Dr. Trevor P. Castor
President and CEO Aphios Corporation
Polymer Nanospheres (PNS™) Technology Platform: From Concept to Commercialization
Biodegradable, hydrophobic polymer microspheres and nanospheres have been effectively used in the oral delivery of dicumarol, insulin and DNA plasmids in rats. While highly promising, hydrophobic microspheres still present challenges regarding formulation of a clinically acceptable product. The microspheres use organic solvents in synthesis e.g. methylene chloride and ethyl acetate. These methods cause human safety concerns regarding the toxic effects of residual solvent in the final product. Large-scale production of polymeric microspheres utilizing these processing steps and large quantities of organic solvents is time-consuming, costly and inefficient. In addition, the exposure of the therapeutic agent to the organic solvent can negatively affect the integrity of the final product and result in residual organics that may adversely influence drug stability and impact patients’ health and increase regulatory requirement burdens. Aphios has overcome these limitations through the utilization of near-critical, critical, and supercritical fluids with or without polar co-solvents (hereinafter referred to as SuperFluids™ [SFS]). These SuperFluids™ replace the usage of toxic organic solvents. These fluids exhibit enhanced thermodynamic properties of solvation, penetration, selection and expansion. In Aphios’ SuperFluids polymer nanospheres [SFS-PNS] process, a biodegradable polymer is dissolved in SuperFluids and decompressed through a nozzle into an aqueous solution containing the target therapeutic. As a result of decompression and density change, polymer films precipitate out of the SFS solution and hydrophobic polymer nanospheres are formed in the aqueous buffer encapsulating the target therapeutic.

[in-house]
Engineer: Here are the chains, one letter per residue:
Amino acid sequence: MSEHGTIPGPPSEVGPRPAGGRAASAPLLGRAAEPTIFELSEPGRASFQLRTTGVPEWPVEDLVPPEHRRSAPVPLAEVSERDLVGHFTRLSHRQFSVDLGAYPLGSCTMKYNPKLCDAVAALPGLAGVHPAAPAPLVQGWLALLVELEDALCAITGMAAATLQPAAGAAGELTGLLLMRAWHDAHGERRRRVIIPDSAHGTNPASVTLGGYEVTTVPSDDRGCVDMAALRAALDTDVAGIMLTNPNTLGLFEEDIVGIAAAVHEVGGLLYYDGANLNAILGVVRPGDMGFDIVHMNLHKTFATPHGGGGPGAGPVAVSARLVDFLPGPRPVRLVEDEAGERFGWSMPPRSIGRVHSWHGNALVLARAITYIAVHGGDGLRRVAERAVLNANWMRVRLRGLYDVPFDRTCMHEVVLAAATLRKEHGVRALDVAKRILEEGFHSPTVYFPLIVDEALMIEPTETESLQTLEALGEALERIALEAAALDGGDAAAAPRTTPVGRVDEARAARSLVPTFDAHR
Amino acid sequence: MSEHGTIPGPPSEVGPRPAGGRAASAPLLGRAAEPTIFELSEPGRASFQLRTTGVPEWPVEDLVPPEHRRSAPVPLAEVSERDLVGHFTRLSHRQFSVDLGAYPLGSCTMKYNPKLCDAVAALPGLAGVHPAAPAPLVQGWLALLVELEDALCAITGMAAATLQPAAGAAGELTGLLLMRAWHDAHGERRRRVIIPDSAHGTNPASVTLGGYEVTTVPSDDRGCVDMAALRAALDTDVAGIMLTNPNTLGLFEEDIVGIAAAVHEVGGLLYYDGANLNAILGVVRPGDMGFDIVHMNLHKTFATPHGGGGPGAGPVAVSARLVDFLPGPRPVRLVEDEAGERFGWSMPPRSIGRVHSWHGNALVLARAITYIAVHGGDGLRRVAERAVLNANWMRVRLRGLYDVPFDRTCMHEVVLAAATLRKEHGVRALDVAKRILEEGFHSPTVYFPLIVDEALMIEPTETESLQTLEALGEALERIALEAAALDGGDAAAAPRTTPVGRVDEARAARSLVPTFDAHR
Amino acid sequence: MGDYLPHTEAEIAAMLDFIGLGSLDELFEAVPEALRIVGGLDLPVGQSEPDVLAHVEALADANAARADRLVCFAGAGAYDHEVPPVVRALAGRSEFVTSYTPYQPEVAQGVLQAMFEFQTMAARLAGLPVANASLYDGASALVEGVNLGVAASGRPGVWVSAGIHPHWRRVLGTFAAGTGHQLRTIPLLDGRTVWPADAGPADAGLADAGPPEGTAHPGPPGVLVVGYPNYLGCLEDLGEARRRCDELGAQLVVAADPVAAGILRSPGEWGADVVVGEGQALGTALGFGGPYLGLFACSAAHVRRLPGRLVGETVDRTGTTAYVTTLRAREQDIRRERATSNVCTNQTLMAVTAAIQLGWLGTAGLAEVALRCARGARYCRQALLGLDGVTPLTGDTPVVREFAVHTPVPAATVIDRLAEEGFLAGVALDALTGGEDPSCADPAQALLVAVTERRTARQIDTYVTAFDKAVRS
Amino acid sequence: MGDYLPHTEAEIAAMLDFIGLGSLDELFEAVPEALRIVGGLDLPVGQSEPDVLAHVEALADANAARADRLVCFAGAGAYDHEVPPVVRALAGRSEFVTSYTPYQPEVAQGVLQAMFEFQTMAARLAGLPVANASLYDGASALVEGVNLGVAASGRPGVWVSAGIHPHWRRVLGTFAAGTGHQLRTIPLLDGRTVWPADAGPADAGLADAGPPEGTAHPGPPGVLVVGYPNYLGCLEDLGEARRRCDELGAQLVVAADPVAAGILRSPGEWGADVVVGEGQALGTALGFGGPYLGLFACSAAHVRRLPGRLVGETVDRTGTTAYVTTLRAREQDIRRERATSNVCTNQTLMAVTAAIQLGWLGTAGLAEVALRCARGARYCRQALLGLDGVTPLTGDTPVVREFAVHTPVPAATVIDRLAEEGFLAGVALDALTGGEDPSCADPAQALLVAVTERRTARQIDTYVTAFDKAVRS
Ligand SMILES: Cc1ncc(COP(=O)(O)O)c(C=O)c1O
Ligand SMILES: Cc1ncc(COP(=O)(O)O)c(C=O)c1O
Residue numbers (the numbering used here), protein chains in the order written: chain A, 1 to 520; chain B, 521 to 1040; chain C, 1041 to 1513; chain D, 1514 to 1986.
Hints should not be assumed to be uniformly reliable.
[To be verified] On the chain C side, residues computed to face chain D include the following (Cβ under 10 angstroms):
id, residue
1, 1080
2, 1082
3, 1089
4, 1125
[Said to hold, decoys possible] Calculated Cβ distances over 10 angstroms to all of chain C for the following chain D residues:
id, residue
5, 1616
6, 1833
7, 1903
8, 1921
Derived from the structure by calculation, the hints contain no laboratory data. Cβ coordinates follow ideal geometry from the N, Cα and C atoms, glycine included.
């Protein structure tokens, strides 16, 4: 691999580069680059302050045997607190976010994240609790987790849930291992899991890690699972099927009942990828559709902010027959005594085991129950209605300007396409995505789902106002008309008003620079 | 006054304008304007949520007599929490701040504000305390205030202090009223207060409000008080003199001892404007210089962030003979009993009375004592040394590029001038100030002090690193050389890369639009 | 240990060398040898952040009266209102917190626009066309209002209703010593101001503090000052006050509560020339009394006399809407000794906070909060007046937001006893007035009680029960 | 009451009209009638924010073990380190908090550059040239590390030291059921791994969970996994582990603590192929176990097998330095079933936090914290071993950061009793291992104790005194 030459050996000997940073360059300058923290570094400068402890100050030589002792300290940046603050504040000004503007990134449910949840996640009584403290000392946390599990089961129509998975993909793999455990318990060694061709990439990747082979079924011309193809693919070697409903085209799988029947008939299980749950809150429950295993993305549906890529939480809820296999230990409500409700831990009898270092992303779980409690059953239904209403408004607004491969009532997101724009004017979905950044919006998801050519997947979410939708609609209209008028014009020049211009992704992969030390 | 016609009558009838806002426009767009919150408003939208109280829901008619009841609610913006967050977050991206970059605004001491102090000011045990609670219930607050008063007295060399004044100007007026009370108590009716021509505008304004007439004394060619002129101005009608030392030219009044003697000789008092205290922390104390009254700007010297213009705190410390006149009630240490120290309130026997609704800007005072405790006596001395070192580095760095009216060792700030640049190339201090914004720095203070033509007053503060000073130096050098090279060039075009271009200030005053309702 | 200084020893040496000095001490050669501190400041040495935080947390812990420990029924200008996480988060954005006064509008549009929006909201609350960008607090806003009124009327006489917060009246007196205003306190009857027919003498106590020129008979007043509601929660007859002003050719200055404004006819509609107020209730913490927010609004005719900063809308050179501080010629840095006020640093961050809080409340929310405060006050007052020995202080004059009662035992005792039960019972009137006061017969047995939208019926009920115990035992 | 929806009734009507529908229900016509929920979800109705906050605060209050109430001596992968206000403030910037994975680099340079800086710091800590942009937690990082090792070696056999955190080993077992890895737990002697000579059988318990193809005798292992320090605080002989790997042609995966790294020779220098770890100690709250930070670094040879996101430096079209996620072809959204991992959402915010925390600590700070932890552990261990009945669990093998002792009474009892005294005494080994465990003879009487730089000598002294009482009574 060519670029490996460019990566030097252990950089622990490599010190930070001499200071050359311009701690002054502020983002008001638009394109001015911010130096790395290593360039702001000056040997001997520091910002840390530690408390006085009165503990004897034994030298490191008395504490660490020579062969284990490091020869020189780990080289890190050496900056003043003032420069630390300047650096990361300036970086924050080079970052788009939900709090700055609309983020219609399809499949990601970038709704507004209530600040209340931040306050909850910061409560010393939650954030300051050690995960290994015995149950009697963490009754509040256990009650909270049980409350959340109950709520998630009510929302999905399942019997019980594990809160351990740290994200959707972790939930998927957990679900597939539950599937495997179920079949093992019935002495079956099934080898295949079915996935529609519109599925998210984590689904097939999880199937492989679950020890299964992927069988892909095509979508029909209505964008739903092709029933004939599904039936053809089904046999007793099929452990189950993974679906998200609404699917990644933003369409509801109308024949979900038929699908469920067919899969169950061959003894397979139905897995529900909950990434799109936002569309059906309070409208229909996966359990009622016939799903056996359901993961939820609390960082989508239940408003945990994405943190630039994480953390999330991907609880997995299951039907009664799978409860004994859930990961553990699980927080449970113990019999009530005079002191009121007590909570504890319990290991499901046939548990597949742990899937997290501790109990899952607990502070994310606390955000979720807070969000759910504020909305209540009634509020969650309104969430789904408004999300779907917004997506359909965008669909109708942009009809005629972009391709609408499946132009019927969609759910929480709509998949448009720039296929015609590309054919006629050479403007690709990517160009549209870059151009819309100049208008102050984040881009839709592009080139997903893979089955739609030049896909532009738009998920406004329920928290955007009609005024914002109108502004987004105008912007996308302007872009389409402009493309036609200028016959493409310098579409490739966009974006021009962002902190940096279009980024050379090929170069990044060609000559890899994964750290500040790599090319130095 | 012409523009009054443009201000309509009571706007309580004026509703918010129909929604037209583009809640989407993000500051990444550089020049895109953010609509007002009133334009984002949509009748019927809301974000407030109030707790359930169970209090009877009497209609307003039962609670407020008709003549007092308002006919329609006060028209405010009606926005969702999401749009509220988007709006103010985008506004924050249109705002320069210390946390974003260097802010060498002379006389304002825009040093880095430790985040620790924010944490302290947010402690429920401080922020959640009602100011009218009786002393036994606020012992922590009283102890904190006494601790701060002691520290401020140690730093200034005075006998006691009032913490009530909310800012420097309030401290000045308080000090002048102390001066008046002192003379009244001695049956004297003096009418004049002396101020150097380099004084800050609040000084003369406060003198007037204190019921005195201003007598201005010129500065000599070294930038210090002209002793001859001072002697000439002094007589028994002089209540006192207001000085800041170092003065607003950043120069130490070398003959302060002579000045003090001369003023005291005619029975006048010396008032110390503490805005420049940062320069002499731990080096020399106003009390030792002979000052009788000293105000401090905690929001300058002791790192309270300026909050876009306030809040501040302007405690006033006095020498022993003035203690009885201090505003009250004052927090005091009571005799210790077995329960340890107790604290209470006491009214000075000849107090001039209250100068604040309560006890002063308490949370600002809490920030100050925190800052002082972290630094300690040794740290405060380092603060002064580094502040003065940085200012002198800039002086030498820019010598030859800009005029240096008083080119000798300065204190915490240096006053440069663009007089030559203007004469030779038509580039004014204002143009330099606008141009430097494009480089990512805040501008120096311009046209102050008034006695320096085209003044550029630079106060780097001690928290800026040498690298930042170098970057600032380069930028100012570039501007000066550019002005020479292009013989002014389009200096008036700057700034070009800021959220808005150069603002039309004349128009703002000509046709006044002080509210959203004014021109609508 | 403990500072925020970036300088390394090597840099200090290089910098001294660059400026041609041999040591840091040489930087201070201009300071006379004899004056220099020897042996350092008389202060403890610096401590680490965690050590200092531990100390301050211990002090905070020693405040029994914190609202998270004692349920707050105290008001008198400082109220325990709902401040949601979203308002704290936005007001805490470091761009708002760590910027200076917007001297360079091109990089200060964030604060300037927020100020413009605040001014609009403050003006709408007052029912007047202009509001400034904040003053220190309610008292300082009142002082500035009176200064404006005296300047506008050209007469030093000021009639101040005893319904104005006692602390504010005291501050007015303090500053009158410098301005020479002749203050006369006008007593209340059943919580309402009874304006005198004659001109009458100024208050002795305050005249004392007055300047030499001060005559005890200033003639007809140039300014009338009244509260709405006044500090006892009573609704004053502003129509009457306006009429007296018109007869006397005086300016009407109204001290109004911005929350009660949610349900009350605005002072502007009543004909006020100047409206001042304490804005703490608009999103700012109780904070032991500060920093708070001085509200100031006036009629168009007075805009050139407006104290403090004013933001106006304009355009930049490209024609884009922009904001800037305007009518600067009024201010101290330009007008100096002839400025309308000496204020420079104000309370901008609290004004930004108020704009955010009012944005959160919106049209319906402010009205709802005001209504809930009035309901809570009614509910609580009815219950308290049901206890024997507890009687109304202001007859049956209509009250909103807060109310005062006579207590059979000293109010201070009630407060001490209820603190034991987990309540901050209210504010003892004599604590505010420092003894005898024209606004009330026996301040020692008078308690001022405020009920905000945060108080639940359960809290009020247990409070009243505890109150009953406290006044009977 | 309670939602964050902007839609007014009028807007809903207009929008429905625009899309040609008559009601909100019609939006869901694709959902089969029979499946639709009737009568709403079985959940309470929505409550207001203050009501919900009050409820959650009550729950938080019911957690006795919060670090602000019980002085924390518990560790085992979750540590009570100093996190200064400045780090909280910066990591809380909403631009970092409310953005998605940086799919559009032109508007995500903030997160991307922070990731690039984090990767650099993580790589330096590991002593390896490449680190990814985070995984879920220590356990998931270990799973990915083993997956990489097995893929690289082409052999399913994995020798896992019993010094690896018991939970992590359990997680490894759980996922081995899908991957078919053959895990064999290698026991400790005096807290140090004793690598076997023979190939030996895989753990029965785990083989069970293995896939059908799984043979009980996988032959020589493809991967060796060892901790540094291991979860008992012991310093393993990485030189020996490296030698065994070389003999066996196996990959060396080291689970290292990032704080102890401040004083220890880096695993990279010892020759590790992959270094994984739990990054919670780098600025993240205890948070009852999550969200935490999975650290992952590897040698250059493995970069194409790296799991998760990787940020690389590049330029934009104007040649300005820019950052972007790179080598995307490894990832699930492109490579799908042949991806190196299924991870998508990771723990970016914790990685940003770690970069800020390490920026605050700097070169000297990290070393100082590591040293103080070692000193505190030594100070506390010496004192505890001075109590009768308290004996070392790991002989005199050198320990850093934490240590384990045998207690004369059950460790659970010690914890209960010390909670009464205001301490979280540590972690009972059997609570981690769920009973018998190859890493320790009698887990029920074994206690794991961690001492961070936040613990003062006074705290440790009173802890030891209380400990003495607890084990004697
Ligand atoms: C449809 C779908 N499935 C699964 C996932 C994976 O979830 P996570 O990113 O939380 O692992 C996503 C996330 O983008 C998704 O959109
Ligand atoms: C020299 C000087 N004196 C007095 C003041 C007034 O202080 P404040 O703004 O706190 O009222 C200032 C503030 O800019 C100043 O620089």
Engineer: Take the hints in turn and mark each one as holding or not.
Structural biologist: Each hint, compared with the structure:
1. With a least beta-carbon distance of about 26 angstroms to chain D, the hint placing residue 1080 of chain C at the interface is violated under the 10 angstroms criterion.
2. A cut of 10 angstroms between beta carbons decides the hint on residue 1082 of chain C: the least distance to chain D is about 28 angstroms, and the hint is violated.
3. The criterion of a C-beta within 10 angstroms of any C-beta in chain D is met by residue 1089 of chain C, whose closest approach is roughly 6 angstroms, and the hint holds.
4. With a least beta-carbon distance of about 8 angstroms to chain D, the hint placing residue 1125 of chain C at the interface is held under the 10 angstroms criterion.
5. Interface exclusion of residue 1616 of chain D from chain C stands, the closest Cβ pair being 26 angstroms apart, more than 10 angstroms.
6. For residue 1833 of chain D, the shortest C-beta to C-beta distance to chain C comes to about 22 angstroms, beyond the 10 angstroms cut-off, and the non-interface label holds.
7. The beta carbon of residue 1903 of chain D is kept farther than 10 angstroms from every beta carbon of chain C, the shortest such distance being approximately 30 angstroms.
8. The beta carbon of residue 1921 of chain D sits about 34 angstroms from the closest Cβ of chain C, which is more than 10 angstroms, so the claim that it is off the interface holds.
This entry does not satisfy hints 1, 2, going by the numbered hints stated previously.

Friday, February 16, 2018
121 Snell Library
Sponsored by the CaNCURE and Nanomedicine Academy Programs